ryan shmeizer

PODCAST EPISODE #31: “Best Of”, The Way We Act

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The number of podcasts is mounting up.

More than two years since I penned my first post for the Telling The Story blog, I have also had the pleasure of producing 30 podcasts. Each one has enabled me to interview a journalist or storyteller from across the media landscape.

I looked back at the list a few weeks ago, and I saw a few recurring themes.

One: I have gravitated towards guests who explain why we act the way we do — not as storytellers, but as recipients of storytelling. These guests are not necessarily journalists in a traditional sense, but they have used an expanding number platforms to explore the subject.

Such brings us to Episode #31 of the Telling The Story podcast: a “Best Of” edition on how we behave.

You’ll hear snippets from previous episodes with the following guests:

Ryan Shmeizer, a venture capitalist by day, on why we love list-based articles: “Lists are so tempting because they present the illusion of a satisfactory quick fix … but I do think, sometimes, hard-core, factual information that is hard to digest is often well served in list form.”

Dr. Paul J. Zak, professor at Claremont Graduate University, on the science of storytelling: “If you don’t get my attention in about 20 seconds, you’re gonna have a much harder time. … Print, you actually have a longer period of time, because people’s expectations are that it’s going to take a while to get through a page of text. But I think this says that the first paragraph, or even the title, signals that something’s gonna happen here.”

Clive Thompson, freelancer for Wired, the New York Times, and others, on the rapid evolution of language in the early years of social media: “Because we’ve had this shift where so much more conversation is happening in the written form, I think it’s almost like an evolutionary pressure to push language forward.”

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PODCAST EPISODE #17: Ryan Shmeizer, on why we love lists

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I know you can’t help it.

I can’t help it, either.

I am a journalist by trade, a person who values the craft and importance of storytelling, and a big believer in complex, rich reporting … and I can’t help it.

I always click on lists.

You know the articles: “6 Great Moments in Seinfeld History”, “The 27 Best Foods for a Picnic”, “32 Reasons To Love Summer”. These days, lists populate the web.

That is because we click on them.

My guest on this edition of the Telling The Story podcast explains why.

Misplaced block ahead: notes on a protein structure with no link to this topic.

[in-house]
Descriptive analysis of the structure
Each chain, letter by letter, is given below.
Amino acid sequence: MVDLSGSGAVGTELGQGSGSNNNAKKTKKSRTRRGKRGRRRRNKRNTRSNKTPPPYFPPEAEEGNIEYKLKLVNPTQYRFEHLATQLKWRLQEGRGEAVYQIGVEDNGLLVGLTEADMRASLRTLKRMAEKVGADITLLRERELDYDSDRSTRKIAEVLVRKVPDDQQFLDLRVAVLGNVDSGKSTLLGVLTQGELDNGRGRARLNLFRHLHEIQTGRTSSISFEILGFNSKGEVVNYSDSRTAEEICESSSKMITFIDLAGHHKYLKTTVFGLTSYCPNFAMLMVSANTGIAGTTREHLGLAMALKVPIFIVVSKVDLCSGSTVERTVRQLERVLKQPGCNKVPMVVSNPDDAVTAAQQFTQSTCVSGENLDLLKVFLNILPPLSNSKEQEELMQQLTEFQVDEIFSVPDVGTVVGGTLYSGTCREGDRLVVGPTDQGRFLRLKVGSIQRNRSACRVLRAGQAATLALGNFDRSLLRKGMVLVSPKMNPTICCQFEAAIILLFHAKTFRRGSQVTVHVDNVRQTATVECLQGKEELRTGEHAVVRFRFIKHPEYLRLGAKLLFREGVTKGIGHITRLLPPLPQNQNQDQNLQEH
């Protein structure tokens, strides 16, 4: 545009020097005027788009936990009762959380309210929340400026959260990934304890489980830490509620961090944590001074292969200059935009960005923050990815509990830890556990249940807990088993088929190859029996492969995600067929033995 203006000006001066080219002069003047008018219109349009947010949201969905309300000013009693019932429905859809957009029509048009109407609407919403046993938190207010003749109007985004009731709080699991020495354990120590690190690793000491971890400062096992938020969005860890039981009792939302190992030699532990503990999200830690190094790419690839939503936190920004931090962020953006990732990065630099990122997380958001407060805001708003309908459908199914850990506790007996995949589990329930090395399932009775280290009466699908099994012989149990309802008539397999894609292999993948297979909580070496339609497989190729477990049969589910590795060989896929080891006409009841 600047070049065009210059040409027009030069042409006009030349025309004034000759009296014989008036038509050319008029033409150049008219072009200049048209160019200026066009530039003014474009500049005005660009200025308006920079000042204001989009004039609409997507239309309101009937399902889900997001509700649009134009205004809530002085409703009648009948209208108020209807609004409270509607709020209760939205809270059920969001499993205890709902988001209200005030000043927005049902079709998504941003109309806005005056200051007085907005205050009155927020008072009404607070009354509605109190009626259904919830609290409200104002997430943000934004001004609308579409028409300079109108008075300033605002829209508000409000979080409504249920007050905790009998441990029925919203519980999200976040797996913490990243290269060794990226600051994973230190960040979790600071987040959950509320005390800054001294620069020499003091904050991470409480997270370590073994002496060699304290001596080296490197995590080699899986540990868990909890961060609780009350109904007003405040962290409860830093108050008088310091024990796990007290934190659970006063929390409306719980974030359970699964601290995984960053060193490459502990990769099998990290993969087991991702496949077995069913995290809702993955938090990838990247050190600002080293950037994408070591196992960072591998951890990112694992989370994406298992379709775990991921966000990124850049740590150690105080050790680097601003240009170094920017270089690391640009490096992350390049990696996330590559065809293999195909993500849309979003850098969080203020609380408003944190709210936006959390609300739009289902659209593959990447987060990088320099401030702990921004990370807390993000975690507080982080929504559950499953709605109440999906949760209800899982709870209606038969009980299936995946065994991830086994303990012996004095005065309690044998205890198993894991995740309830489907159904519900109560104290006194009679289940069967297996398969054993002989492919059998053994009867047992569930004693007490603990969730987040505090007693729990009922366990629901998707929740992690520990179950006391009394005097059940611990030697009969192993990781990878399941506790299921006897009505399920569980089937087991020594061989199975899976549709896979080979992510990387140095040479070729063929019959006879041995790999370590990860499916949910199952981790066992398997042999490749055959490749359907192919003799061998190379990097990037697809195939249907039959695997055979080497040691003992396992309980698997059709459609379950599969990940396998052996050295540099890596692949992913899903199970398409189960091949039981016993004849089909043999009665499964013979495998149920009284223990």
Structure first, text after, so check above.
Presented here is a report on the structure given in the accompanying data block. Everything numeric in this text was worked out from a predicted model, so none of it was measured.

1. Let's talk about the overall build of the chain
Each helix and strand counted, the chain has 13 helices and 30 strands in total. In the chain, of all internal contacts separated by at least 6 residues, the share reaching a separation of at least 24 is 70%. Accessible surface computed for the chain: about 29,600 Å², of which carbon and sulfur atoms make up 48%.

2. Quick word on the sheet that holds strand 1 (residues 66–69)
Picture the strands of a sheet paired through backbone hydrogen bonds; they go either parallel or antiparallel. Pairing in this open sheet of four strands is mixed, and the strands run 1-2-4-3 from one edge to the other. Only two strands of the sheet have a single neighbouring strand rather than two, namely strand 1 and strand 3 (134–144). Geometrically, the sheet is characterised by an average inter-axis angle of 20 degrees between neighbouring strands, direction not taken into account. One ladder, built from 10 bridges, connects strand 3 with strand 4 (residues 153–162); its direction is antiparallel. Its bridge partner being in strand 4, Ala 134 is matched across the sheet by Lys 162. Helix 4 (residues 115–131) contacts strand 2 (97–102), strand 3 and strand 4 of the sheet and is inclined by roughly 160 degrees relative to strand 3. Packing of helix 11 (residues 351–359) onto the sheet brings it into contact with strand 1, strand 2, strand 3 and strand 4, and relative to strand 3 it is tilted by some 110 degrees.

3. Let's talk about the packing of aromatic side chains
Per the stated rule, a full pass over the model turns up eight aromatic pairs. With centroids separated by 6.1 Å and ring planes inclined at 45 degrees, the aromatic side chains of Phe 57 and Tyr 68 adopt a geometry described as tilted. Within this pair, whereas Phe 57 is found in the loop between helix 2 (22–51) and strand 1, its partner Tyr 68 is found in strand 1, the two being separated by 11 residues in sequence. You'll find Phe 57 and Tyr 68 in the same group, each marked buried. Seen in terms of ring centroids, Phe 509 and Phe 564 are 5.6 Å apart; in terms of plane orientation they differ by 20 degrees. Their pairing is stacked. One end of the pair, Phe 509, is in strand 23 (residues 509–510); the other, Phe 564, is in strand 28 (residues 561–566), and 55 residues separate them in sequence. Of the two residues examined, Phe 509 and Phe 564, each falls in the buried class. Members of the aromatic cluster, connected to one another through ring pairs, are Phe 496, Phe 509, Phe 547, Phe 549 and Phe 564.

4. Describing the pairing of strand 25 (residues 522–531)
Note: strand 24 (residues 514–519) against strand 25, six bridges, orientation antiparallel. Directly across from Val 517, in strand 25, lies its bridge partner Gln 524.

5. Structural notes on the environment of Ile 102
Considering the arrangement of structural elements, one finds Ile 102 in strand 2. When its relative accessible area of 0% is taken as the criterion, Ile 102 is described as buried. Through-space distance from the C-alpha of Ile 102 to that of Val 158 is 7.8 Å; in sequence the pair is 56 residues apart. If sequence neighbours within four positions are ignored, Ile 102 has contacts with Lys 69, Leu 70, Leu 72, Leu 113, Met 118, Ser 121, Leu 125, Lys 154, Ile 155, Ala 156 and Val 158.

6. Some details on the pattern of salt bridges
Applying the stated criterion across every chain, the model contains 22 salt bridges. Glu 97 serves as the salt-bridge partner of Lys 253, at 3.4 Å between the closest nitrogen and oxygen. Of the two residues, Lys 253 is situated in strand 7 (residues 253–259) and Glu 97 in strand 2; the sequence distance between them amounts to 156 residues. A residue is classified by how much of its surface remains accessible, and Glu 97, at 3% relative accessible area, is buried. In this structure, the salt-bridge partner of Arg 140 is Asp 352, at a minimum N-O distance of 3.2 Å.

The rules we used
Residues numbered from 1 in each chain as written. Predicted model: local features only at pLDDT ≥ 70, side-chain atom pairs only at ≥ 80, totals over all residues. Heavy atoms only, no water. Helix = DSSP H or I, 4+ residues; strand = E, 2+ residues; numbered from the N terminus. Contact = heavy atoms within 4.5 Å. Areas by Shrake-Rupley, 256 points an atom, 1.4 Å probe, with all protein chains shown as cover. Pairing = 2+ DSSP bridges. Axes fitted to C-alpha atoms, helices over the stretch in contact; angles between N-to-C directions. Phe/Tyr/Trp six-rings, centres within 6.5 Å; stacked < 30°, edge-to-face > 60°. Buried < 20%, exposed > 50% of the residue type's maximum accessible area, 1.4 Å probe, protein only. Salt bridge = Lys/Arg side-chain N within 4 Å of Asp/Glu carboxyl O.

Ryan Shmeizer is not a professional journalist. He is a venture capitalist in New York who only recently decided to display his writing for the world.

And on his first try, he scored big.

Writing on the Medium platform, Shmeizer wrote a piece called, 10 Reasons You Will Read This Medium Post”. One by one, he delineated the reasons why we click on lists and then read them to completion.

The article was quickly named an Editor’s Pick on Medium and proceeded to go relatively viral. I recently mentioned it as one of my 3 Great Stories of the week.

On the podcast, Shmeizer offers the same insight and analysis as he does in his writing. (more…)

3 GREAT STORIES: Starring FSU, lists, & Gabriel Garcia Marquez

Every week, I shine the spotlight on some of the best storytelling in the business and offer my comments. “3 Great Stories of the Week” will post every Monday at 8 AM.

The only obviously common thread between the three stories below is that they were all written.

I offer no TV pieces this week, nor anything from radio or video. I have selected three pieces that appeared on the Internet this week; one is the online edition of a print story, one is a web exclusive, and one is a republished magazine interview from 33 years ago.

The only other common thread? They are all insightful and memorable.

A star player accused, and a flawed rape investigation (4/16/14, New York Times): Wow.

This is how you research, write, and present a piece of investigative journalism.

Instantly one of the most widely spread articles of the week, Walt Bogdanich’s in-depth look at the Jameis Winston rape investigation produces incendiary highlights throughout. From interviews with relevant parties to a timeline of the events in question, Bogdanich offers a thorough look at what was done — and what was missed — throughout the aftermath.

No wonder the article has invoked such a reaction — both from Florida State, where Winston just led the football team to a national title, and from readers, many of whom followed the Winston coverage intently last fall. (more…)